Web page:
Critical Acclaim

Movie reviewers Michael Sragow and Chris Kaltenbach choose their 10 favorites for the year.

December 30, 2003|By Michael Sragow | Michael Sragow,SUN MOVIE CRITIC

Charles Dickens' grand first line from A Tale of Two Cities - "It was the best of times, it was the worst of times" - applies to the movie year of 2003 as much as it did to the French Revolution. In fact, this year was also a tale of two spiritual capitals: not London and Paris, but Hollywood and off-Hollywood.

For most of '03, it was the worst of times, artistically, for Hollywood studios. Then Seabiscuit engulfed audiences in the bracing pleasures of intelligent, passionate, large-scale moviemaking. Master and Commander: The Far Side of the World, a sweeping sea epic with heart and brains as well as swash and buckle, followed a few months later. And The Lord of the Rings: The Return of the King, the perfectly protean final entry inPeter Jackson's Tolkien trilogy, topped everything. It stands at the pinnacle of fantasy filmmaking as a one-of-a-kind work of mythic imagination.

Throughout the year, and especially during the summer, it was the best of times for off-Hollywood moviemakers. The comic wizards at Northern California's Pixar Animation Studios, who release their films through Disney, produced the summer's ruling hit, the delightful Finding Nemo. Only the Pixar team consistently finds the slapstick art and humanity in computer animation.

The opposite end of the artifice-reality spectrum overflowed with engrossing documentaries. Capturing the Friedmans takes pride of place among them on my roster of 10-best movies (also the mock documentary, A Mighty Wind), but a half-dozen others tempted me, notably Spellbound, Rivers and Tides, Winged Migration, Unprecedented and the current To Be and To Have.

Independent movies including the under-seen Buffalo Soldiers and Shattered Glass, the sleeper hits The Secret Lives of Dentists and The Station Agent, and the engaging if uneven American Splendor kept art houses lively. My sweet spot, though, remains the meeting-point of independent and mainstream moviemaking. That's where you could find Ron Shelton's inspired cop movie Dark Blue, Terry Zwigoff's unabashedly ribald Bad Santa and Irish director Jim Sheridan's soaring ode to family and hope, In America.

Excepting The Man on the Train, L'Auberge Espagnole and Mondays in the Sun, foreign-language films proved disappointing. But English-language imports such as The Magdalene Sisters and international projects from English or Irish directors - Neil Jordan's exquisite piece of escapism The Good Thief and Michael Winterbottom's political docudrama In This World - did manage to aerate parochial American theaters with gusts of creative cosmopolitanism.

The Pianist opened in Baltimore on Jan. 10 and The Quiet American on Feb. 14. So both appear on the following list - really a choice of 10 favorites, in order of preference, among a possible 25 best. [Chris Kaltenbach's choices can be found below.]

1. The Lord of the Rings: The Return of the King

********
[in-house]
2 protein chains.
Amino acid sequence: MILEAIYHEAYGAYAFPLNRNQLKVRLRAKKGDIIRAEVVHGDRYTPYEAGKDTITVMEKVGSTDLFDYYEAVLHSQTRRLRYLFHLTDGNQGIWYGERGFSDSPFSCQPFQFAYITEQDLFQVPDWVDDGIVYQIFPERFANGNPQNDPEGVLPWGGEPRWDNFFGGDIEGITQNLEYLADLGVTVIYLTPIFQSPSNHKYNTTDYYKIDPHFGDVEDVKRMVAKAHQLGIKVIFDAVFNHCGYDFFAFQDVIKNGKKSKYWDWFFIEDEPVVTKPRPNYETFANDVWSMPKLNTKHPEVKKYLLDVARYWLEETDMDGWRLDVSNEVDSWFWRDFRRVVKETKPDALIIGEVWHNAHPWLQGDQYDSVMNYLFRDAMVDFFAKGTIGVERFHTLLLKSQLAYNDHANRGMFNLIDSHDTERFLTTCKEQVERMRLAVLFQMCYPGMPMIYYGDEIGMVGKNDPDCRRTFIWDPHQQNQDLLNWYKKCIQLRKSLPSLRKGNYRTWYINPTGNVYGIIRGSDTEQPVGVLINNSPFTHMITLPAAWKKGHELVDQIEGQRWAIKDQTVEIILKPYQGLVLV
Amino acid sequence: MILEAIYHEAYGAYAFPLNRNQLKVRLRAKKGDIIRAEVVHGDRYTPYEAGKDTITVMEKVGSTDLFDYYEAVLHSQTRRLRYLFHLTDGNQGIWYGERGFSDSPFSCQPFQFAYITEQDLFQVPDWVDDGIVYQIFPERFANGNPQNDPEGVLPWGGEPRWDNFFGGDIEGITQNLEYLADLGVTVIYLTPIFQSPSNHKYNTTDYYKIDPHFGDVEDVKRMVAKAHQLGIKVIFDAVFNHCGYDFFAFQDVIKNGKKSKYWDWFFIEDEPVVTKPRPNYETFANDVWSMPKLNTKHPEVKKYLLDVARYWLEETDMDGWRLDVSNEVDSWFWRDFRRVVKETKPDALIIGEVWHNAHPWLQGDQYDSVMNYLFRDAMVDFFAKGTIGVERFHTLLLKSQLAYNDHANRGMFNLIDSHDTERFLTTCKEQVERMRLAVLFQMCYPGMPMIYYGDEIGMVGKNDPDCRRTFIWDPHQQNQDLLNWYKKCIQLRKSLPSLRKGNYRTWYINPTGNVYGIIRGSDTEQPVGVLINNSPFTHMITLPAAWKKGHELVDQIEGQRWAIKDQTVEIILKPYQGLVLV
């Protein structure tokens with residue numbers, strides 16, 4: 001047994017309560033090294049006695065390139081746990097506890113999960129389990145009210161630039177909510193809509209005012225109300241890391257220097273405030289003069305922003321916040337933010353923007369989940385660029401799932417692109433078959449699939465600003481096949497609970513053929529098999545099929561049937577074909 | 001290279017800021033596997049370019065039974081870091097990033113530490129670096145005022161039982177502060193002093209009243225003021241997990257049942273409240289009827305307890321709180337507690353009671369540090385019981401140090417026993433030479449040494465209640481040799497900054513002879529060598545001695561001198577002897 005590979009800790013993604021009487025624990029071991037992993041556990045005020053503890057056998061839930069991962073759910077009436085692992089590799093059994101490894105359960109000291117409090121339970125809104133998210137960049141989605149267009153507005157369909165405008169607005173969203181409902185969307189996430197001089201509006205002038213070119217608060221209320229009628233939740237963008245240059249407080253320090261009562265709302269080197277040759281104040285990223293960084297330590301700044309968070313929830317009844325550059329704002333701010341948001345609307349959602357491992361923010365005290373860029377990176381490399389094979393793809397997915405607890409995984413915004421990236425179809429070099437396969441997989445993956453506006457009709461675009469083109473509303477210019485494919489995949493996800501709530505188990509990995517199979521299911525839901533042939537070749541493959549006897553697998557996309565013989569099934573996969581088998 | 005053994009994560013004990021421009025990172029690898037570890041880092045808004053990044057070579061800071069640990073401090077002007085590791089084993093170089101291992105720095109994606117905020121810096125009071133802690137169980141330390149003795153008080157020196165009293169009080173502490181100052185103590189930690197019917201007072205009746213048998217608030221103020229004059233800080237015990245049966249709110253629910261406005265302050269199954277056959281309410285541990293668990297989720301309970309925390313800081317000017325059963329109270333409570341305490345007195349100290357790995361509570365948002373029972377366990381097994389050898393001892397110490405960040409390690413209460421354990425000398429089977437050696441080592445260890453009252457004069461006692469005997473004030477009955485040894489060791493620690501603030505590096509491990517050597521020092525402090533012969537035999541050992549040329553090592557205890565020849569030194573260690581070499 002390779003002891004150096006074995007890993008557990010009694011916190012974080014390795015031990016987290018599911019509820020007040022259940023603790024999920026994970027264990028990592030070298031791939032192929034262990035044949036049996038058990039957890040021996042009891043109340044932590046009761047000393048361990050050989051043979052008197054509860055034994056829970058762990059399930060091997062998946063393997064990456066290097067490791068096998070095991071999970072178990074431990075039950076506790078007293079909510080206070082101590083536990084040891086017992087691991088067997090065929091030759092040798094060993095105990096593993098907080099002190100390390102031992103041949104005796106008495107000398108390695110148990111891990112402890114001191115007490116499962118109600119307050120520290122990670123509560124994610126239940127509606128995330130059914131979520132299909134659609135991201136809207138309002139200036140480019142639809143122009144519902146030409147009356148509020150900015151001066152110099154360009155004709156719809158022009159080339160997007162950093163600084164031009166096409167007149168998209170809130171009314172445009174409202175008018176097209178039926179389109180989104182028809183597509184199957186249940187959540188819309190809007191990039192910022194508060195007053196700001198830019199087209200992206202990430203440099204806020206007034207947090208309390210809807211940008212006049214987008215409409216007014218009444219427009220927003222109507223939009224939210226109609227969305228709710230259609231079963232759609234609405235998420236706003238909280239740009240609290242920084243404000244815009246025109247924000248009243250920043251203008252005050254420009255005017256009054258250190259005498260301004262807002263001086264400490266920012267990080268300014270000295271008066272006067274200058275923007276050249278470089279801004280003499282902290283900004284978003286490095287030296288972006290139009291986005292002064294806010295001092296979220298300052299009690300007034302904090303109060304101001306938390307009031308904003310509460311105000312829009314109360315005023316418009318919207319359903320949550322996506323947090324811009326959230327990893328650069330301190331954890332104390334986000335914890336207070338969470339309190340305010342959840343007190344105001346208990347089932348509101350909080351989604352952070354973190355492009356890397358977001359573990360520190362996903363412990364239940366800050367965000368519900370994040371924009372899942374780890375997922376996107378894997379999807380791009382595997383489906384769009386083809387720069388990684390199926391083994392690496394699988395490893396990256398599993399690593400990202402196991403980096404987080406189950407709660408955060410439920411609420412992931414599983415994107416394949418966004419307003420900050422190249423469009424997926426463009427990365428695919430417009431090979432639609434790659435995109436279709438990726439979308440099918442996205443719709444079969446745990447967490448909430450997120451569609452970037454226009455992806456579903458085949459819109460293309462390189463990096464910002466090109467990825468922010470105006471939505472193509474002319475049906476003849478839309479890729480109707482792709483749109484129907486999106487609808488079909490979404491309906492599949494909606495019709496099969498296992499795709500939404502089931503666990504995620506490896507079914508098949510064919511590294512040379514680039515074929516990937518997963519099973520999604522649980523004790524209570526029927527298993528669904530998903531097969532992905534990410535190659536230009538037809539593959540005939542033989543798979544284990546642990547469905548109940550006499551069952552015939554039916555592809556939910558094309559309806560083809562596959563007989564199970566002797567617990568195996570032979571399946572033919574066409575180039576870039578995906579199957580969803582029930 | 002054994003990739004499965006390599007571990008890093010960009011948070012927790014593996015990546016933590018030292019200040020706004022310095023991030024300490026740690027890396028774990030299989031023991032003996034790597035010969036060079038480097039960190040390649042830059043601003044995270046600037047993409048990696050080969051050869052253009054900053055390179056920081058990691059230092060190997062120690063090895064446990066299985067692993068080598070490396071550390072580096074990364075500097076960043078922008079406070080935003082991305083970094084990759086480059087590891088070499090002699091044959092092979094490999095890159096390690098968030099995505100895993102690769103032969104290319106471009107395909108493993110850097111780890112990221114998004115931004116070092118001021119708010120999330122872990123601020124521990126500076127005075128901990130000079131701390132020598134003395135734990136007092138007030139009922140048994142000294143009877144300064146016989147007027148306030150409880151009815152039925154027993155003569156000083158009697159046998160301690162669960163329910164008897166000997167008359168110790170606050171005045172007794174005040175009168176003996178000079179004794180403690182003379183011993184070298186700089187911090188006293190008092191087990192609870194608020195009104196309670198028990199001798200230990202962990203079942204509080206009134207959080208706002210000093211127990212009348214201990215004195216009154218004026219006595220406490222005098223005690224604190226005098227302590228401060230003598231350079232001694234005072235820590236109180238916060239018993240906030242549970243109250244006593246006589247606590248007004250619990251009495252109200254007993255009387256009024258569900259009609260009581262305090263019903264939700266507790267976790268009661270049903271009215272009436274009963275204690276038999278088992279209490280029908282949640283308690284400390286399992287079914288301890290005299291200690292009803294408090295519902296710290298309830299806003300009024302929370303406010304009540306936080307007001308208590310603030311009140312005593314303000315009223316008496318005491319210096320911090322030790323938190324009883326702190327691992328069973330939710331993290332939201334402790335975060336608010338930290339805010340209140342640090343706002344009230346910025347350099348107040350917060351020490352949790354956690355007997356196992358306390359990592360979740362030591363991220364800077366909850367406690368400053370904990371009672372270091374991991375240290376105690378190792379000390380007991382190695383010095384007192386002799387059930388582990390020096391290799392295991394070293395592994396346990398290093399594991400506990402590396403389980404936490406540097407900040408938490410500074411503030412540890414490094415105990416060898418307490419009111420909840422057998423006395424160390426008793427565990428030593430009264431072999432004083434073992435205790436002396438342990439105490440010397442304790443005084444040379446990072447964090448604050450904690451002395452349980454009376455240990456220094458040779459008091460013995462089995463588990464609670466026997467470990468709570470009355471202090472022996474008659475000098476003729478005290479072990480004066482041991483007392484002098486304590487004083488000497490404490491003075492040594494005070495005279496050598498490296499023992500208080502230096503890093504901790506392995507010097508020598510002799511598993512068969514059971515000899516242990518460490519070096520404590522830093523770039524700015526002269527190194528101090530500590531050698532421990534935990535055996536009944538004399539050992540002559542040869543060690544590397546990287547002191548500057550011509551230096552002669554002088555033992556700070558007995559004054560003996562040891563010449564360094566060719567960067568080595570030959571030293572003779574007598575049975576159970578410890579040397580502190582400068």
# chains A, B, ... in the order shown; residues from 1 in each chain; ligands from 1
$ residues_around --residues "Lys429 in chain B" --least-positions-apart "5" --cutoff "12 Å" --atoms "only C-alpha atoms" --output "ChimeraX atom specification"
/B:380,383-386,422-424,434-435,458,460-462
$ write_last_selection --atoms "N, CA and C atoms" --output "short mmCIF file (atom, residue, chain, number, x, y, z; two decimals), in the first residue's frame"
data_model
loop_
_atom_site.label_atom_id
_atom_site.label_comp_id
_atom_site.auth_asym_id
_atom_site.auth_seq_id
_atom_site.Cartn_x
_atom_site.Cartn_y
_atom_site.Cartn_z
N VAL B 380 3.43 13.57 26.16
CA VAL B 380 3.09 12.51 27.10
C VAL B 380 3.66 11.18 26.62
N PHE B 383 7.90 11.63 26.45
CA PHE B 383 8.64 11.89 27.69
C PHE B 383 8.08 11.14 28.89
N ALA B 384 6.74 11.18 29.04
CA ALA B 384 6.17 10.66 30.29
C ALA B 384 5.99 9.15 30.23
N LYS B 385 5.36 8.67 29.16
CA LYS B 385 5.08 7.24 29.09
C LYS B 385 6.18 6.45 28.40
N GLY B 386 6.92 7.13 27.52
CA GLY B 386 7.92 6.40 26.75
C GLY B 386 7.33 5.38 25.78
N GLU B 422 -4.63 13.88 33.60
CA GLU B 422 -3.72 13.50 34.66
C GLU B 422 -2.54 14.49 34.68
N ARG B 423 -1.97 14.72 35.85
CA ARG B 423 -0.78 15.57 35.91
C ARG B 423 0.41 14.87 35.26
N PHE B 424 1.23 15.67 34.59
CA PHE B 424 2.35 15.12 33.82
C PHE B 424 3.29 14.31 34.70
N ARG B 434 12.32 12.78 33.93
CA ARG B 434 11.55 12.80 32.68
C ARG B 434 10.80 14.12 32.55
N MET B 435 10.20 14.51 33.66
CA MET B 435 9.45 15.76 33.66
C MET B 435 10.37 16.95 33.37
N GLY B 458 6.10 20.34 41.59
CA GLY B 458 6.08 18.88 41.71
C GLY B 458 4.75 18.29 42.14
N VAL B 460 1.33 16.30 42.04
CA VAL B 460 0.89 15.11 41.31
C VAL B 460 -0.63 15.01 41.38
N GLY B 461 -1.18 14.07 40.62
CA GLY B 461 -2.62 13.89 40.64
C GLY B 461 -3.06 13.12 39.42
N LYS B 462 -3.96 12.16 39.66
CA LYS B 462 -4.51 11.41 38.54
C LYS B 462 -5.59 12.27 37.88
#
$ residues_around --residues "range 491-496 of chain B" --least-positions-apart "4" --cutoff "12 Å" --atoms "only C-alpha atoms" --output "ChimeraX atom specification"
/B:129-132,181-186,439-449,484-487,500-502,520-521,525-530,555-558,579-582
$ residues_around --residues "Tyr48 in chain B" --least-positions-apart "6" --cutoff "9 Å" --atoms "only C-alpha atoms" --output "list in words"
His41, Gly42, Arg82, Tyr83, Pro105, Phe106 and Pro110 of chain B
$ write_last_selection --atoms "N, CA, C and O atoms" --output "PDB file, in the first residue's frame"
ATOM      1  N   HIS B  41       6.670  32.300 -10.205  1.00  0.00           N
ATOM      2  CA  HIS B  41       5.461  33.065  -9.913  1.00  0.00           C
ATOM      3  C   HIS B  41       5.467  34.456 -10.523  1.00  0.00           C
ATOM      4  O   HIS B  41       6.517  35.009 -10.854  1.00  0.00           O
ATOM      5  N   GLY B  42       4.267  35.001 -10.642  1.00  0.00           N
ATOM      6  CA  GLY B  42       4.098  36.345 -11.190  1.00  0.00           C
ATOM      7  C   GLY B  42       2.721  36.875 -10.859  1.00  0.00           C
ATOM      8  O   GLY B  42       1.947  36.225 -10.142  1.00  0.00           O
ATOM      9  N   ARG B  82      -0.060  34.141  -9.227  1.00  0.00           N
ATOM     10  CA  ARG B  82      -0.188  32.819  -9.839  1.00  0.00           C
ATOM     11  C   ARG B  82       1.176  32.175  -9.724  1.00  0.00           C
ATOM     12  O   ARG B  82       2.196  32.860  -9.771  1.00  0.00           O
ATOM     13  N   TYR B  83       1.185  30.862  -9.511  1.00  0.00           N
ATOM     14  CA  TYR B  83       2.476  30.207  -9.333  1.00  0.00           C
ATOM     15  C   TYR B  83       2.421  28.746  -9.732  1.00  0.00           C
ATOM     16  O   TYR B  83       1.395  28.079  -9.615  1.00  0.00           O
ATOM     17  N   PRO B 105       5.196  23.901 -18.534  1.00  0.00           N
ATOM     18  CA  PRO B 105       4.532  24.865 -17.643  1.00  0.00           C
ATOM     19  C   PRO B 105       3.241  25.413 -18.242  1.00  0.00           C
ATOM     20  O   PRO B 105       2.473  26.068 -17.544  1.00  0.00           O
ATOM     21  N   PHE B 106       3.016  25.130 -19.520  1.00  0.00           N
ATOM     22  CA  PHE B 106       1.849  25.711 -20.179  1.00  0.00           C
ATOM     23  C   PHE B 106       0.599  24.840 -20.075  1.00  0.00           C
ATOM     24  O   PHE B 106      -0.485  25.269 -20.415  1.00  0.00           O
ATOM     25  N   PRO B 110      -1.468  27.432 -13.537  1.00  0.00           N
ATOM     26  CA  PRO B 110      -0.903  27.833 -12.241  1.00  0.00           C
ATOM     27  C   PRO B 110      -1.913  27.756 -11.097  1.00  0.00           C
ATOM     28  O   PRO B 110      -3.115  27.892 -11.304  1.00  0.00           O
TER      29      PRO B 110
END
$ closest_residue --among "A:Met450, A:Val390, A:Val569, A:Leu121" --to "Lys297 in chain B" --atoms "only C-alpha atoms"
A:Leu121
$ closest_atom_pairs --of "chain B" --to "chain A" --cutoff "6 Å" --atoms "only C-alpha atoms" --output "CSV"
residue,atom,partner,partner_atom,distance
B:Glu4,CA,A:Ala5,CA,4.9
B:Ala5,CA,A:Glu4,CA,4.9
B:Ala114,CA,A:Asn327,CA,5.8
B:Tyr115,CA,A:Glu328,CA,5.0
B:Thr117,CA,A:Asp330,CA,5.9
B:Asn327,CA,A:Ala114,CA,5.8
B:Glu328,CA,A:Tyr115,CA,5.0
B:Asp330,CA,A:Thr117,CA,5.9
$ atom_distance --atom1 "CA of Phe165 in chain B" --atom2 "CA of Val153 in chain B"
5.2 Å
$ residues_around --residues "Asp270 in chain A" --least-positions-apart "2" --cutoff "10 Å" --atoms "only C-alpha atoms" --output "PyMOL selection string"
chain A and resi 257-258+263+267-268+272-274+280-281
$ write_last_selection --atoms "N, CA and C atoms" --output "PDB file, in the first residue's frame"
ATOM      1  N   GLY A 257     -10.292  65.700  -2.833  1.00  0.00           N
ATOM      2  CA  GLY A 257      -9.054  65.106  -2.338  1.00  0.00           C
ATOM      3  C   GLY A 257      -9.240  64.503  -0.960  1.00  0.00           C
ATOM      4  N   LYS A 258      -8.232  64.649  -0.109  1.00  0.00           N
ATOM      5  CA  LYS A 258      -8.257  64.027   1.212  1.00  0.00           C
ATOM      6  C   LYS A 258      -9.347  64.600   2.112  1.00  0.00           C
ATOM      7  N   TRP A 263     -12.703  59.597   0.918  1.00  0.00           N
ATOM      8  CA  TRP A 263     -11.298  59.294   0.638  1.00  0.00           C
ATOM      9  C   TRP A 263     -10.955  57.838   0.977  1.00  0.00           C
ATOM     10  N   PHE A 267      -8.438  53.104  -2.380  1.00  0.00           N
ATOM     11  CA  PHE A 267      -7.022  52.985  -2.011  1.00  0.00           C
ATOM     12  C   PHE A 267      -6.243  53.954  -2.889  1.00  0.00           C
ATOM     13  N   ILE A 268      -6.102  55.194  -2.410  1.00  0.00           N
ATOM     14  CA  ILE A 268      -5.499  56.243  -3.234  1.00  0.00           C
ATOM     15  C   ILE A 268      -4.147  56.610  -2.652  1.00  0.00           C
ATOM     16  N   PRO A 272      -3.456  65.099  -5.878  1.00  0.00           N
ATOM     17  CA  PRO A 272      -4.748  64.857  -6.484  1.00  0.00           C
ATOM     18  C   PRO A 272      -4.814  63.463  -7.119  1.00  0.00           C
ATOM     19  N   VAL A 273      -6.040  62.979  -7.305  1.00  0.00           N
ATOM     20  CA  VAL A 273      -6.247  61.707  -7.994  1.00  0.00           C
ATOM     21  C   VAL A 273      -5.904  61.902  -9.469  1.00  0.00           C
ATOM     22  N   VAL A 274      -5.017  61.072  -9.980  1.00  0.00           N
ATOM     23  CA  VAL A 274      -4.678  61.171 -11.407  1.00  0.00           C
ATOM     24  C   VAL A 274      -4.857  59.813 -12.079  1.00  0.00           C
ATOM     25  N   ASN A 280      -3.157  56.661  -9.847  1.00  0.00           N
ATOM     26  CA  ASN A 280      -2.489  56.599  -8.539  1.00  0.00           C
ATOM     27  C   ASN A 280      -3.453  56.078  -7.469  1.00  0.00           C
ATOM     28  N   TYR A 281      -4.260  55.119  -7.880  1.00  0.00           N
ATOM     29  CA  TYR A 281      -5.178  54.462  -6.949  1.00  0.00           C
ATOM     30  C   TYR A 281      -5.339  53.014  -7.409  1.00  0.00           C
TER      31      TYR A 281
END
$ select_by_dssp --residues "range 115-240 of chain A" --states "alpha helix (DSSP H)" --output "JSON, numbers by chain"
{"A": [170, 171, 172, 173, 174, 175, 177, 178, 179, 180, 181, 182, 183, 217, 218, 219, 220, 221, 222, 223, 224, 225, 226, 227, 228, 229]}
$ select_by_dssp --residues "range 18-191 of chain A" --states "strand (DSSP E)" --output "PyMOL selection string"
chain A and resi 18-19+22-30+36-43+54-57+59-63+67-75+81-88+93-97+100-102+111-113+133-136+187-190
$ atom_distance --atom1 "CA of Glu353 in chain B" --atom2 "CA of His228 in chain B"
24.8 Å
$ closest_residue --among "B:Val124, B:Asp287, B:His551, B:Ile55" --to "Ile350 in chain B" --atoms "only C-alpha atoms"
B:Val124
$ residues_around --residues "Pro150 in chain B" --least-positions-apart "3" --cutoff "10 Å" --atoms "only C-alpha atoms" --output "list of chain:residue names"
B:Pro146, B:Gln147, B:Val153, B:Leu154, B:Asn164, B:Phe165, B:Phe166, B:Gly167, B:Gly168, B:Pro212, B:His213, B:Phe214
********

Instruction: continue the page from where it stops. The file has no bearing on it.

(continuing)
Forget the cliche "you'll laugh, you'll cry." If you've followed the previous chapters in the trilogy, this film will bring you to cheers and tears at the same time, thanks to Peter Jackson's point and counterpoint of intimate drama and epic conflict. Like The Godfather Part II, the film shifts between past and present with a surgical and lyrical artistry that opens up untapped places in the heart and unused portions of the cerebral cortex. Special effects haven't been so seamless since the handmade days of Ray Harryhausen's dinosaur flicks. And no movie of this scale has featured so many bold and full performances. As well as series stalwarts Elijah Wood, Sean Astin, Ian McKellen and Viggo Mortensen, Bernard Hill and Miranda Otto come into their own as heartbreakers.

2. In America

Irish moviemaker Jim Sheridan's tragicomic, semi-autobiographical film conducts an honorable, and devastating, sneak attack on your emotions. The hardy humor of this tale of an Irish actor taking his wife and two young daughters to live in New York's Hell's Kitchen doesn't prepare you for the picture's inner depths and outer reach. This country allows Sheridan's characters to heal a long-festering family wound; this movie allows audiences to see the United States anew as a wide-open and accepting nation. The film couldn't come at a more apt time. For movie lovers - and for all Americans - it's a gift.

3. The Pianist

This harrowing, mysteriously moving Holocaust survivor's tale about a celebrated Polish Jewish musician, Wladyslaw Szpilman, did more than earn its best directing, screenwriting and acting Oscars (for Roman Polanski, Ronald Harwood and Adrien Brody, respectively). Its unsentimental yet empathic view of a man who identifies himself primarily as a pianist, not a Jew, gave audiences a new window into Hitler's Final Solution. Few directors have explored as stringently and intelligently as Polanski does here the confusion of national and religious ties and cultural allegiances. Few actors have played a musician or a man near death with the vibrant sensitivity of Brody.

4. Dark Blue

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